This post was originally published on the SOCAP14 blog. To visit the original post, click here.
Last year at SOCAP, we had the privilege of sharing the high-level findings from our Impact Investing 2.0 research project, which included a dozen case studies of outstanding funds and the core elements that enabled them to succeed.
Those elements included the critical role of “Catalytic Capital” (i.e., investors who use their capital to spur others to action), the relatively consistent approach of funds to developing a strong “investment thesis of change” as a top priority before focusing on financial discipline in deployment and tracking impact rigorously throughout (something we called “Mission First and Last”), and the deep engagement of all funds in public policy, which we called “Policy Symbiosis.”
These are all essential ingredients in impact investing; however each and every one of them hinges on our fourth core element – “Multilingual Leadership.”
It isn’t enough to deeply understand the needs of people with no access to water in Africa, and it isn’t enough to be a hotshot asset manager with 20 years of Wall Street success, or a connected policymaker who understands how to get things done in Washington. The core practices that lead to success in impact investing are inherently cross-sector and complex. Notwithstanding the many other well-documented barriers to scale in impact investing, like the lack of deal-flow, data, proven performance, intermediation, or market infrastructure, we have come to believe the single biggest barrier to the growth of successful social finance is that we, as people, need to catch up. Our educational systems are siloed and our career paths are as well. To succeed as an impact investor, an innovative entrepreneur or a builder in the new impact economy, you must be a multilingual leader, period.
So, what is Multilingual Leadership and how do you master it?
Multilingual Leadership is the science of concurrently approaching investment (or social entrepreneurship or government for that matter) from a business, non-profit/philanthropic, and public policy perspective at all times, and implementing systems to ensure this is not just an individual but an institutional practice. It is awe-inspiring to witness what is so clearly the way of the future when impact organizations such as Accion Texas, Aavishkaar, Bridges Ventures, Calvert Foundation, Elevar, Microvest, RSF, SEAF and many others seamlessly talk about their work as being unremittingly financially-driven (business speak), but with a clear logic model moving the needle on specific social/environmental challenges (non-profit/philanthropy speak), while addressing systemic market failures (public policy speak).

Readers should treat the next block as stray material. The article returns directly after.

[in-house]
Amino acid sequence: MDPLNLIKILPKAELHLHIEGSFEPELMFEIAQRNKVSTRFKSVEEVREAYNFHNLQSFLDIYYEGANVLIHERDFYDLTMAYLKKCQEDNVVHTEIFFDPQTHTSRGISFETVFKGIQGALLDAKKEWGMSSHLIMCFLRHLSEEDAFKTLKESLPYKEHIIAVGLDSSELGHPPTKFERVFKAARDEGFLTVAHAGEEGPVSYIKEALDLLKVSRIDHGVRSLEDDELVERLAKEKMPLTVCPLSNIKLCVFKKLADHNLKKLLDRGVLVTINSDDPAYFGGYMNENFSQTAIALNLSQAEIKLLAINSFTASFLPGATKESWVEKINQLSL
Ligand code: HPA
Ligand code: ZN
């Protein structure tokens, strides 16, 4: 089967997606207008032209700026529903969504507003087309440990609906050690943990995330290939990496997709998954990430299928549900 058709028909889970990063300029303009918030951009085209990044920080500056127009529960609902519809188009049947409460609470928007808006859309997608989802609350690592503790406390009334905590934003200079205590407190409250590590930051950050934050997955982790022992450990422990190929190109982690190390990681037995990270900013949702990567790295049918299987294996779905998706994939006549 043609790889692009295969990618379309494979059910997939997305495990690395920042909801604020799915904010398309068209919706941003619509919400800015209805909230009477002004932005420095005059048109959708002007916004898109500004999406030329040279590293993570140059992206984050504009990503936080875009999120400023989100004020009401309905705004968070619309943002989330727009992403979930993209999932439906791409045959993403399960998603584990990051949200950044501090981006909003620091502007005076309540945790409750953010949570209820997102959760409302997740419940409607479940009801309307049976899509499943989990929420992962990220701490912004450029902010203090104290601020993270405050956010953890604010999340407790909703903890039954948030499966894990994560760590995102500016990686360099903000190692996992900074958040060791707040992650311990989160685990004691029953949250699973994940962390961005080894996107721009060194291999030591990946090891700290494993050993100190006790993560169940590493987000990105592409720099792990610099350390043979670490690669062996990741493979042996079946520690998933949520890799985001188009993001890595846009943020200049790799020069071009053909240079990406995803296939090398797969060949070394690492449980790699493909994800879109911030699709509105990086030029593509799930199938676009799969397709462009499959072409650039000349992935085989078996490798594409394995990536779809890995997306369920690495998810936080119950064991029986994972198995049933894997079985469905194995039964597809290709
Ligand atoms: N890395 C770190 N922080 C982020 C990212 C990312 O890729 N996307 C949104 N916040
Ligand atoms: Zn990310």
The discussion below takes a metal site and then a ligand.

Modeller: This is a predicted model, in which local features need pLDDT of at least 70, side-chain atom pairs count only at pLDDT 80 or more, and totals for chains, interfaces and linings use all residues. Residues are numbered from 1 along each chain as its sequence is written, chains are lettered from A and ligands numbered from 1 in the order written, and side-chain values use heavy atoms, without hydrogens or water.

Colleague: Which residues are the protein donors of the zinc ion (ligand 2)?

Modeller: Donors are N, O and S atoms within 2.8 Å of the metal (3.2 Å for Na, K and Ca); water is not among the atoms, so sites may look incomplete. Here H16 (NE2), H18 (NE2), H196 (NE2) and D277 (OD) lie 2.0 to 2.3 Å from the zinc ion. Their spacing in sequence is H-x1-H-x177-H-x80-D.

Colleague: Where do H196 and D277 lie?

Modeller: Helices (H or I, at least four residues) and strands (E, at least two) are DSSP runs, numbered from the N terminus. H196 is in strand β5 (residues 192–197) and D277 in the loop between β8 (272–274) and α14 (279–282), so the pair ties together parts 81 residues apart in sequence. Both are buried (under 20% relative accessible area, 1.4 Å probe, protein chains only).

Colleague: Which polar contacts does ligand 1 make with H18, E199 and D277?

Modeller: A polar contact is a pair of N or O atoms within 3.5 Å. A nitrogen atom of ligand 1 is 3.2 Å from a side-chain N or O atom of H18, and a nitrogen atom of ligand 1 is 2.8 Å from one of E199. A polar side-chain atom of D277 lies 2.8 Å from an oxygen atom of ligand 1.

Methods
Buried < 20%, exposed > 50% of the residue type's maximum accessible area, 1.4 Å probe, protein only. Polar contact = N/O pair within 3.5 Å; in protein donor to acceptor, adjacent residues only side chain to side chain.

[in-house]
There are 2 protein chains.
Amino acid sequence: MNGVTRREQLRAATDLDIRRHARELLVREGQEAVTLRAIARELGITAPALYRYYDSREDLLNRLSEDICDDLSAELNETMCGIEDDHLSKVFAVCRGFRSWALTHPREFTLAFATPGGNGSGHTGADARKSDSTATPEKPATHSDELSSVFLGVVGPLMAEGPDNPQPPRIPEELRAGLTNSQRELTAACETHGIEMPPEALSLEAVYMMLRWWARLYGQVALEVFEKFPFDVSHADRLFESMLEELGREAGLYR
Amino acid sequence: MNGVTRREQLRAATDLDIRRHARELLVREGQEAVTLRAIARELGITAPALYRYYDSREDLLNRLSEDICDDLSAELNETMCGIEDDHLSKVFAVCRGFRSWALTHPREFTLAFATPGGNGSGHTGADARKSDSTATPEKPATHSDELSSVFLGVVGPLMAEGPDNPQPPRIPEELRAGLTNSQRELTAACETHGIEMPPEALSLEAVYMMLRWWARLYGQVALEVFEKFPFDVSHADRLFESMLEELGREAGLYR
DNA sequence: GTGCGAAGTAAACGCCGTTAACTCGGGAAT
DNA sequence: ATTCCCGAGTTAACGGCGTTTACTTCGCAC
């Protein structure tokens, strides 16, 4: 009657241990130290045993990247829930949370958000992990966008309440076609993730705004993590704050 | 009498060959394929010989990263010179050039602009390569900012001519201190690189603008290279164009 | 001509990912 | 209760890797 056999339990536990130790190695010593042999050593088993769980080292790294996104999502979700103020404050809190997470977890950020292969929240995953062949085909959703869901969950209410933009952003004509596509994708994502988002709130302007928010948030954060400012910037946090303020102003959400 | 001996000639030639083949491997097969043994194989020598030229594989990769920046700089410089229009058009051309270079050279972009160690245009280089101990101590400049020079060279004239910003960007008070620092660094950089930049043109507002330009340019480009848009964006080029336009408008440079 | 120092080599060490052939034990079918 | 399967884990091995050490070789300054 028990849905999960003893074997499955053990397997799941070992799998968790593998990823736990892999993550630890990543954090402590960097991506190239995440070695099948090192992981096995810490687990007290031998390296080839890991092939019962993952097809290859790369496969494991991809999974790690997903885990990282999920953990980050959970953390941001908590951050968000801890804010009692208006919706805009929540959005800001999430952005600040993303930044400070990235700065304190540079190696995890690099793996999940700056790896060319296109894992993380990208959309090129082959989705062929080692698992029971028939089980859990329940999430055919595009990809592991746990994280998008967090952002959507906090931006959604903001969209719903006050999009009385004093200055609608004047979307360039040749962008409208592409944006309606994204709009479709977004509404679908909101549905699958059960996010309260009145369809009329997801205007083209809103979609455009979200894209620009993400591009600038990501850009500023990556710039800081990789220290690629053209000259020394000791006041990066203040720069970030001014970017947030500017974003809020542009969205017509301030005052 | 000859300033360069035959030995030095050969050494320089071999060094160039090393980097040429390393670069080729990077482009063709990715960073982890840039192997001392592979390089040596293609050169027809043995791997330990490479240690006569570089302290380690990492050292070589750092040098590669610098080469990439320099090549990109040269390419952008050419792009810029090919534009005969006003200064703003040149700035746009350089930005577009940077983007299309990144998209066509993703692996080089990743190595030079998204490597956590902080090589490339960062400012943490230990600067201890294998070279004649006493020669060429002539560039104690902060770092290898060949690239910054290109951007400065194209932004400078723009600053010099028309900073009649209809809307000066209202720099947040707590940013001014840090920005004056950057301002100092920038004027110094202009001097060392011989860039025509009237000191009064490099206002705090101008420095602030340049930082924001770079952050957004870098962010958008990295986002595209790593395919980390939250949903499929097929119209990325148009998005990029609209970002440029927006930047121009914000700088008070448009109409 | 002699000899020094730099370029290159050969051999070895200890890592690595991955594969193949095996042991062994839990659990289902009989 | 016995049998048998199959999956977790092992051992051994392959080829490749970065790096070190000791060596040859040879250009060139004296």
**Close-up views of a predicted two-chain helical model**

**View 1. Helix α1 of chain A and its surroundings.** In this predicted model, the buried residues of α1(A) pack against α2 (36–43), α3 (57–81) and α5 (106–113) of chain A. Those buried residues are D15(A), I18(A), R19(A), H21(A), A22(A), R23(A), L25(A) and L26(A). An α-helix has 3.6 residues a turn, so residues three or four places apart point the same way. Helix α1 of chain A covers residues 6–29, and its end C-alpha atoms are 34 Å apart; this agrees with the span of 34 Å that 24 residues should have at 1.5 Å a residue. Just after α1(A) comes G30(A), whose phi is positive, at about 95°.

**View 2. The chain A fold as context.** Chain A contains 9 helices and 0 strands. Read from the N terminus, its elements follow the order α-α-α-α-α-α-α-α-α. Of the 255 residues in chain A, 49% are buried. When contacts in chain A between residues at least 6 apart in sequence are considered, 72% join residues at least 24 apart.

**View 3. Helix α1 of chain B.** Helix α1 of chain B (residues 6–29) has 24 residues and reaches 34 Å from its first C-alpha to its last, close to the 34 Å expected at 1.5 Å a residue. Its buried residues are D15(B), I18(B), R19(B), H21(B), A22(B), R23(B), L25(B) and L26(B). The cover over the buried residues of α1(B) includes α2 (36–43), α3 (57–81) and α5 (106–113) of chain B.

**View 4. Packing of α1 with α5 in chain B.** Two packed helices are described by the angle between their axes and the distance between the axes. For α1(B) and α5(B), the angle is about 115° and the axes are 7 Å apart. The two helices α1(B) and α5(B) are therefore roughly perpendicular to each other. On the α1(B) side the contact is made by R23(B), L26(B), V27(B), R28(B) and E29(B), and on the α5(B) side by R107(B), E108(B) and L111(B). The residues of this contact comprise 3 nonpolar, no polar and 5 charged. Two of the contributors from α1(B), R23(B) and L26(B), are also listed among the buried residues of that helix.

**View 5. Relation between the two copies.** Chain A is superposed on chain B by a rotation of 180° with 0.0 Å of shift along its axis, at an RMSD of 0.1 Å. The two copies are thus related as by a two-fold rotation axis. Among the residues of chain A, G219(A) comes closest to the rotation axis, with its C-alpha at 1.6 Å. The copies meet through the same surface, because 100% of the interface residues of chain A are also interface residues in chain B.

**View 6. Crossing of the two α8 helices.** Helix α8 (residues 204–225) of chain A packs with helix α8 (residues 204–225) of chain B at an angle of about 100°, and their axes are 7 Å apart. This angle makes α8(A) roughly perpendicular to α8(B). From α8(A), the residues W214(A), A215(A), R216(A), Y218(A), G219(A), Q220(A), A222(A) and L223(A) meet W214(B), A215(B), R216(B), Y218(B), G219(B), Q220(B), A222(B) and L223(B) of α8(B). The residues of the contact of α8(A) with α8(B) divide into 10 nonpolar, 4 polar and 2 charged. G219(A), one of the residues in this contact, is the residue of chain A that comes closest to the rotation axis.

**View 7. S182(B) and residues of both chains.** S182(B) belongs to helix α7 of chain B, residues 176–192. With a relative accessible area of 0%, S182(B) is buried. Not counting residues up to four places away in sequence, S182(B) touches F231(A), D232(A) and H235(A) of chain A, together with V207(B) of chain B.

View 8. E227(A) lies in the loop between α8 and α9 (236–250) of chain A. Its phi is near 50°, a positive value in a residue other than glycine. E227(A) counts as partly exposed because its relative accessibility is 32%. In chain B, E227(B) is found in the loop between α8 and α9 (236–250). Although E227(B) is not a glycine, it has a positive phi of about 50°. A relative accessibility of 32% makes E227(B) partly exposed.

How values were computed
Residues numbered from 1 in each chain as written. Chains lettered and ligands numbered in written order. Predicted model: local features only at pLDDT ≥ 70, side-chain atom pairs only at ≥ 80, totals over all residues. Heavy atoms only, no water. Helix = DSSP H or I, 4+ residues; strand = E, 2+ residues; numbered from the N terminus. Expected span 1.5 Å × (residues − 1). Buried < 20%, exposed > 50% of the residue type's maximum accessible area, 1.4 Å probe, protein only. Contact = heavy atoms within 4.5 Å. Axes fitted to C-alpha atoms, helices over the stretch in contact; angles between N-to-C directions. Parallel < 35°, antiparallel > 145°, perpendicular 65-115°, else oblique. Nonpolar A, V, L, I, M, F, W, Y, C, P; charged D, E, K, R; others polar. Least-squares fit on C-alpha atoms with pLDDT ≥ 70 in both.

The individuals who run these funds often have uniquely multilingual experiences. For example, Gil Crawford, the CEO at MicroVest, was trained at Chase Manhattan Bank after working for the Red Cross and the US State Department, founded Seed Capital Development Fund, a US-based nonprofit that created financial instruments and attracted funds to capitalize microfinance institutions, and worked for the Latin American financial markets division at the International Finance Corporation (IFC). These are the four main industry competencies we found again and again in our research: finance; non-profit; government; and international development.
But Multilingual Leadership extends beyond simply individuals to institutions as well. Bridges Ventures in the UK is majority owned by its senior management team, but with the nonprofit Bridges Charitable Trust holding a substantial minority ownership interest, with control over any change to the firm’s founding commitment to raise only funds with both financial and social goals. The Bridges team also donates 10 percent of their own profits to the trust’s philanthropic activities, which are targeted at financial support for social issues that cannot be resolved by market-type investment capital.
It’s one thing to document Multilingual Leadership, however, and another thing entirely to develop and cultivate it – which is the shift in emphasis for the three of us at SOCAP this year.
In a Peer Workshop at SOCAP14, “Becoming a Multilingual Leader,” we experimented with a live training, with most of our time spent in small group discussions facilitated by a group of expert “coaches”, such as Tina Castro from Avivar Capital (formerly director of mission-related investing at The California Endowment), and Christine Looney, a senior program investment officer from Ford Foundation.
Through these small groups we illustrated and tested the different types of approaches inherent in multilingual leadership, drawing out the need for a reinvigorated emphasis in impact investing on education, stakeholder alignment, communication, and field building. And while our workshop asked participants to take the point of view of an investor, we are certain that the lessons of Multilingual Leadership will be just as relevant for entrepreneurs, journalists, and others trying to crack the code of impact investing to achieve their ends.
We all have much to learn and should rally to that opportunity if we are to capture the full potential before us—whether we work on the ground, or mobilize and deploy capital, to enable greater impact in the communities and world we each care so much about!